The girls alternated washing dishes as work/entertainment this afternoon. I was working on sorting some files on the computer, and usually this is a win/win situation – they have fun with water in a mostly non-messy way, and I get some time to work on other things. Cassia had her turn until she caught wind there might be food available. So Felicity took over.
I know Andy’s told me many times how amazing the brain is – it can filter out many things so that we are not overwhelmed and can focus to get the priorities (or procrastinating, in many cases) done. The homeschool conference I went to had a great keynote speaker (Terry Small), a neuroscientist, share the same information with a bit more elaboration: our brains filter but sometimes we miss things that can be important because we’re focused on the wrong things. For example, this short video completely explains it (it’s only 1 minute 22 seconds – so worth the short time):
For context, my 3 year old saw it and caught it right away.
Going back to washing dishes. I was working on the computer organising a whole bunch of files and photos and fonts that I get for free every week, but have failed for the past month or two to organise in any fashion. It’s been clogging up my desktop for weeks and today was the day for me to dig in and organise it.
And suddenly, in the midst of successfully deleting a .zip file after extracting and sorting it, I noticed that the water was running. Was Cassia getting some water to drink? No, she was sitting under the table. Who’s at the sink? -Felici- aw crap! And so I rushed to the kitchen and caught the mess just as it was over flowing. And in and amidst that overflowing sink sat a toddler. My toddler. With pants. With socks. With a diaper. So apparently moving files on a computer completely makes me not notice important noises and sounds I should be attuned to while watching a little girl at a sink. I felt a little like this at this point:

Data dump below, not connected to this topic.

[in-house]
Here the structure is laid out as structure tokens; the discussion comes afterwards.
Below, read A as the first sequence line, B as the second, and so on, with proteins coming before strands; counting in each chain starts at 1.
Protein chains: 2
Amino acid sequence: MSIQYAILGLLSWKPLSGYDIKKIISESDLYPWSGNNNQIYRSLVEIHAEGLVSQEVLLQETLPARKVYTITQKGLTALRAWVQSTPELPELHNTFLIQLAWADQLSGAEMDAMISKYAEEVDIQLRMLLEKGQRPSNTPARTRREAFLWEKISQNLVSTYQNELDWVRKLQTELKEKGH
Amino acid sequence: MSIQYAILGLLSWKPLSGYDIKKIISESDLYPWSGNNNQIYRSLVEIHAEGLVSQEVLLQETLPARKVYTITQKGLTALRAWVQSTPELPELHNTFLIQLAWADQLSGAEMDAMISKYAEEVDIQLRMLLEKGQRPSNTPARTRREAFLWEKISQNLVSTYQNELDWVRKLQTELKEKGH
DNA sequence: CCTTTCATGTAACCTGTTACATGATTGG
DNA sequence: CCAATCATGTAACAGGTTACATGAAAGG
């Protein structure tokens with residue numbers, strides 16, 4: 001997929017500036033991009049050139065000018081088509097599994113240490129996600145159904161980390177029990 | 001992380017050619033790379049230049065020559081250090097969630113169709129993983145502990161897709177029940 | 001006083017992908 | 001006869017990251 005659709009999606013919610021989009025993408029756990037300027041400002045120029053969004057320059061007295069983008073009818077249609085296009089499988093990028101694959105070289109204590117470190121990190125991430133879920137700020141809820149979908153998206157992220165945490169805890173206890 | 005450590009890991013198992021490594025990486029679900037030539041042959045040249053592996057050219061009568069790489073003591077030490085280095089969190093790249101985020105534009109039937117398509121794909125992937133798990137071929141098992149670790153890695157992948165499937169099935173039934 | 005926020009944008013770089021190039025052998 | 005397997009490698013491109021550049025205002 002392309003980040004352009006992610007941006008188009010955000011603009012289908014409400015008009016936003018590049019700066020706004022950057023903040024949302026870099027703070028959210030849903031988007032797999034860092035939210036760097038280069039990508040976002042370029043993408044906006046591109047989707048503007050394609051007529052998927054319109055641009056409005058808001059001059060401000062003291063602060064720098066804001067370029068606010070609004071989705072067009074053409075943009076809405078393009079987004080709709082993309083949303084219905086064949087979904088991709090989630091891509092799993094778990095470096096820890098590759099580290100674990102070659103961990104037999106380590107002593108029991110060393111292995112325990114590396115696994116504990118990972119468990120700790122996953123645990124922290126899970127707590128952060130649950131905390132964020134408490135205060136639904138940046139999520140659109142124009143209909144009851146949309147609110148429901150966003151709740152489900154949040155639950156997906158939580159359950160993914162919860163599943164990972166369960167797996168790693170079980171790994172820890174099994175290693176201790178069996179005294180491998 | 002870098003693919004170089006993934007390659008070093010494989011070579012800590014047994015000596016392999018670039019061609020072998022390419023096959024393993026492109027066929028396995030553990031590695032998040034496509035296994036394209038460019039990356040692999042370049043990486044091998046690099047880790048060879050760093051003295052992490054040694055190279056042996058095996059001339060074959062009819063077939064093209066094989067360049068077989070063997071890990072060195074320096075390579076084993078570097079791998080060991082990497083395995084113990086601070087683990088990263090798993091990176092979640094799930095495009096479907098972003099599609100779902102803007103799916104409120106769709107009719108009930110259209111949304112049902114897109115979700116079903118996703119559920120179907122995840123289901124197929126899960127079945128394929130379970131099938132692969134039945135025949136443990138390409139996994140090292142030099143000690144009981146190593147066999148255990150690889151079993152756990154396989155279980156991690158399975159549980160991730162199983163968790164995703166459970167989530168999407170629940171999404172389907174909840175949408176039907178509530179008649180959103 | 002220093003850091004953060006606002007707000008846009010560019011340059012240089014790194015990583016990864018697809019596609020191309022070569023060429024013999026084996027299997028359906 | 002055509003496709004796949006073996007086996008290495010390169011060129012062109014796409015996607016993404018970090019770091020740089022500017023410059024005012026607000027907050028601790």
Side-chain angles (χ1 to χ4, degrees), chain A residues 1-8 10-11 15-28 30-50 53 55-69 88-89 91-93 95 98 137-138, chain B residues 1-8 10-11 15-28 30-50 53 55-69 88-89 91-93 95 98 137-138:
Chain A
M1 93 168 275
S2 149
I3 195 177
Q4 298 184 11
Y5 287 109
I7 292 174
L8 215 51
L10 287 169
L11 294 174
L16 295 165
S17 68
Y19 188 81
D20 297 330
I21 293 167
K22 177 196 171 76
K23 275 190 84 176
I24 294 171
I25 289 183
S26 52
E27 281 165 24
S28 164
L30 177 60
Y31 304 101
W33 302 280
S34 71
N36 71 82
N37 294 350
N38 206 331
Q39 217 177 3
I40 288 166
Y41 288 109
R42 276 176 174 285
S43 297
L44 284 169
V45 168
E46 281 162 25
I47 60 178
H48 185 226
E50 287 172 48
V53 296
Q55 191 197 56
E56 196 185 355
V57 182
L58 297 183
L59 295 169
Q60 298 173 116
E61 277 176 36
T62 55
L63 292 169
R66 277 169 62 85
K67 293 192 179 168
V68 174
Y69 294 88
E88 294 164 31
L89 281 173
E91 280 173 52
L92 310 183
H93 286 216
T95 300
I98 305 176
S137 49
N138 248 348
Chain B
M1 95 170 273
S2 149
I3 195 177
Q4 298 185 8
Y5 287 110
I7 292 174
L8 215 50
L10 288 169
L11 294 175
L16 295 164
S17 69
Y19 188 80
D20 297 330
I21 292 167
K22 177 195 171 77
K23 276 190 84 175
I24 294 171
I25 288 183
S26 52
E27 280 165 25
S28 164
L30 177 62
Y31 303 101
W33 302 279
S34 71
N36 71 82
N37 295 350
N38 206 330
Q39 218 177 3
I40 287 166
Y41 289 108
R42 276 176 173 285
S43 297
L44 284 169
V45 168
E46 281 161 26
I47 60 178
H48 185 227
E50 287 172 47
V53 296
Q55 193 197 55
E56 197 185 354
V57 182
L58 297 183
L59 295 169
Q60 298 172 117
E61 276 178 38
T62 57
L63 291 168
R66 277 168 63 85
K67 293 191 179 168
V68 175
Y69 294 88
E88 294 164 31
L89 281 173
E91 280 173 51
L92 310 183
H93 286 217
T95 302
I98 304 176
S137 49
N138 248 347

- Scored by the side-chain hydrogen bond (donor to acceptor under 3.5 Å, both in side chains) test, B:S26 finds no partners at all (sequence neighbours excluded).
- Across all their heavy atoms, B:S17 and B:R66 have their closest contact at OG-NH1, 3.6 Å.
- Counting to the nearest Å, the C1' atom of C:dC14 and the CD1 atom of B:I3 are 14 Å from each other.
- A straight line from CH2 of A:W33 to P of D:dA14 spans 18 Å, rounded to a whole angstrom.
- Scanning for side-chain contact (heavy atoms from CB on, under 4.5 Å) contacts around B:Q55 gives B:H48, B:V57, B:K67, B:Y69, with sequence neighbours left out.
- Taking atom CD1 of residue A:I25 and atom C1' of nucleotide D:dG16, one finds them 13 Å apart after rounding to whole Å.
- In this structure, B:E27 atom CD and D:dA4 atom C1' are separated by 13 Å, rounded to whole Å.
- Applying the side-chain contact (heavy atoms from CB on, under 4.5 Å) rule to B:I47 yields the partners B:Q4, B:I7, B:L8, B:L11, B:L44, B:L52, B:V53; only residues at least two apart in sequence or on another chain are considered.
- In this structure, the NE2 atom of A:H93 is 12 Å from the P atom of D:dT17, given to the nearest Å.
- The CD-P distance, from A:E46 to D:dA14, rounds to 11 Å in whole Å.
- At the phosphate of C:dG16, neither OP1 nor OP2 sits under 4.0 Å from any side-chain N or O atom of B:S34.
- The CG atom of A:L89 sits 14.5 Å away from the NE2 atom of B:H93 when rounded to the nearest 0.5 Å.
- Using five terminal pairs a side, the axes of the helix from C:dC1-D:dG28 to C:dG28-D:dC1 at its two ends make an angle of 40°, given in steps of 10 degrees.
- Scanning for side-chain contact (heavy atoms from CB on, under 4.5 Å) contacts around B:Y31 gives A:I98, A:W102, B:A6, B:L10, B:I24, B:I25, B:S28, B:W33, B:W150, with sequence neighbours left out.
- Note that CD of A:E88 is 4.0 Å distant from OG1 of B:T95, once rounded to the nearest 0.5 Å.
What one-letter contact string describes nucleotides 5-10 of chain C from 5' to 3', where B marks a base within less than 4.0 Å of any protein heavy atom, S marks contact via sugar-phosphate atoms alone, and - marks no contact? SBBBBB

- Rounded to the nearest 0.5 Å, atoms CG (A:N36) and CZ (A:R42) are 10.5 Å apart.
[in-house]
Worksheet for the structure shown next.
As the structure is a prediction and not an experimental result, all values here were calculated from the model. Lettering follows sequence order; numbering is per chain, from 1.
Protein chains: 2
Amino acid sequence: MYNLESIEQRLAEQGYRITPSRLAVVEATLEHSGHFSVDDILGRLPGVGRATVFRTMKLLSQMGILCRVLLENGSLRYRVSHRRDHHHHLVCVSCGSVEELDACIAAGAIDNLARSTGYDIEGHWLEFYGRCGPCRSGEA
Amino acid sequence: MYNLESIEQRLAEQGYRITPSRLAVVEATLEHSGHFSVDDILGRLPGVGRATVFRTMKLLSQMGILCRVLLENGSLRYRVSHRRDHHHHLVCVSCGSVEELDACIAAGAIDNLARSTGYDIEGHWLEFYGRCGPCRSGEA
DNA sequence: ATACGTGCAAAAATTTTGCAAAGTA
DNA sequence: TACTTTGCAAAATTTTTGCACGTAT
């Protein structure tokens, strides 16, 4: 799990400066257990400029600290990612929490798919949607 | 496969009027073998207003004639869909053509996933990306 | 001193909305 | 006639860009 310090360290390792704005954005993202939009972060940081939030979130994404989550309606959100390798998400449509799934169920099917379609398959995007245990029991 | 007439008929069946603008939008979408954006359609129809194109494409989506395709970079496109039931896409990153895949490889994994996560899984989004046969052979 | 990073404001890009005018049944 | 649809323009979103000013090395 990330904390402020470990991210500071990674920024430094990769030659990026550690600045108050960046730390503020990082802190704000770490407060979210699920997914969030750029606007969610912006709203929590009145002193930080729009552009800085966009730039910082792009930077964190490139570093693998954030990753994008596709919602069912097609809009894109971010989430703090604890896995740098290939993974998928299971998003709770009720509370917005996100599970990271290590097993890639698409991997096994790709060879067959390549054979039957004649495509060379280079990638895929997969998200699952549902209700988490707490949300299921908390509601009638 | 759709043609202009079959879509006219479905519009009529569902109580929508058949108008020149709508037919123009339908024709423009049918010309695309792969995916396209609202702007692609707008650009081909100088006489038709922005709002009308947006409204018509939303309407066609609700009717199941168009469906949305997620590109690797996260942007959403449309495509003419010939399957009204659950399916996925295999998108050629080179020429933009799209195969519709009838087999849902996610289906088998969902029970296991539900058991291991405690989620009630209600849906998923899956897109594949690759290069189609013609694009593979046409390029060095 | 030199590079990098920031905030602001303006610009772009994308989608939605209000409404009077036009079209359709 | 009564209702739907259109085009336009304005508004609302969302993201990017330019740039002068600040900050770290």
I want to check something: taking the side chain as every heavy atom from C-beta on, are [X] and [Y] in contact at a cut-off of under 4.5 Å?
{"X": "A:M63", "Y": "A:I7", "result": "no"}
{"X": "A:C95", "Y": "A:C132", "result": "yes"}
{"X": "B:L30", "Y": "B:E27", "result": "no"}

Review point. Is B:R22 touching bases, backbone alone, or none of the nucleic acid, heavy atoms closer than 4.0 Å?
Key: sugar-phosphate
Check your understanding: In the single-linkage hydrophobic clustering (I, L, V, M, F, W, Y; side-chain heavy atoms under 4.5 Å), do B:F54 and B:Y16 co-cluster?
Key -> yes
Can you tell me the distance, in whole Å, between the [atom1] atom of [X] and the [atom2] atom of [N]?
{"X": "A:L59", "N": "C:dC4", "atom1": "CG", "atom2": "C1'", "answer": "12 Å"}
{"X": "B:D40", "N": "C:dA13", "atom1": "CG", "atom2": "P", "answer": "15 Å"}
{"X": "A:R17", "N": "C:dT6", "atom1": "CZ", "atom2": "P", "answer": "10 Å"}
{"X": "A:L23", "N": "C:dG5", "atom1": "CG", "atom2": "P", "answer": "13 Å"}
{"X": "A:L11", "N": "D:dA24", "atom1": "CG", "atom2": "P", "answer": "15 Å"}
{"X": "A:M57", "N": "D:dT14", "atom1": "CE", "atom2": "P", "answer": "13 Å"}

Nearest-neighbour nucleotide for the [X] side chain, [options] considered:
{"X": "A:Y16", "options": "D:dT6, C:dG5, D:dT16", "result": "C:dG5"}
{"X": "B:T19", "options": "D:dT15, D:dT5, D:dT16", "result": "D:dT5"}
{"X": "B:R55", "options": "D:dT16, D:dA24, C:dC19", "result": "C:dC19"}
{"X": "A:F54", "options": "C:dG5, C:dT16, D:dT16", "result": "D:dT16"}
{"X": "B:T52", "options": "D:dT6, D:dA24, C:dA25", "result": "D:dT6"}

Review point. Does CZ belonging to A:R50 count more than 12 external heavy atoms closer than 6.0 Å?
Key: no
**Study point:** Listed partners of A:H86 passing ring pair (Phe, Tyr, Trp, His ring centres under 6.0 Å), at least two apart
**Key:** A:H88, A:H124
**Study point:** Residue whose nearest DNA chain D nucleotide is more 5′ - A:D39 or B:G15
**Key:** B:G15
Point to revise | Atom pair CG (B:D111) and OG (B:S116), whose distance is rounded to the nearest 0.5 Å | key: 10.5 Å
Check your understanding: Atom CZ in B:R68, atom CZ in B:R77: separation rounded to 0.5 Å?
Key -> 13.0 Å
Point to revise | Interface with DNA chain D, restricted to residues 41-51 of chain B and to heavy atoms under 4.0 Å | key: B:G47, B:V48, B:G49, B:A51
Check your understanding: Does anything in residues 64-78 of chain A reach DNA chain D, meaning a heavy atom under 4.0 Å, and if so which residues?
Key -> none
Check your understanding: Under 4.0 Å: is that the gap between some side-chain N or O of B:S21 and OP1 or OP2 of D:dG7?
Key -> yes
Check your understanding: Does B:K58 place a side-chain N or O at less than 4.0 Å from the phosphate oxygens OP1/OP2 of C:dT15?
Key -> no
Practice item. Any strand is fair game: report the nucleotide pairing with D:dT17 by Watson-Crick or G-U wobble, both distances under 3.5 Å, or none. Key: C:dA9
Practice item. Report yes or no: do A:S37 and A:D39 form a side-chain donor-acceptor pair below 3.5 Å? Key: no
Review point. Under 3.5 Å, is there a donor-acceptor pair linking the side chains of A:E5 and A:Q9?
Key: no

I thought I was paying attention. I wasn’t. Well, not enough for it to not progress to making a mess.
Terry Small also pointed out that even when our electronic devices are within visual perception, even when turned off, we are 25% less attentive to what’s happening. In my case, it was nearly 100% with those files and the water-disaster. Terry’s presentations got me thinking about how distracting my phone is to my family. It affirmed my Lenten choice to avoid social media while I have the kids with me so that I could make sure I’m making them my focus and not having 25% of my attention wandering to social media, even just by the presence of my phone, as it often does.
I think this is relatable to our spiritual lives as well; we often just get on with our lives and don’t intentionally take time away from our regular ‘stuff’ to make sure we’re connecting with God. We’re so interconnected with our material life we neglect our spiritual aspect because it’s not so tangible – we’re looking for the basketballs, not the gorillas. But just because we’re good at filtering it out doesn’t mean it’s not there or that it doesn’t affect us.
Taking the journey of 1000 gifts with Ann Voskamp has been a powerful reminder that unless we choose to look for the gift, to see God, we almost certainly will not see it, or the abundance of it. I struggle and am still working on that challenge and am hoping it can continue to be an avenue that God can work diligently in my life.
So how have you been missing gorillas in your life lately?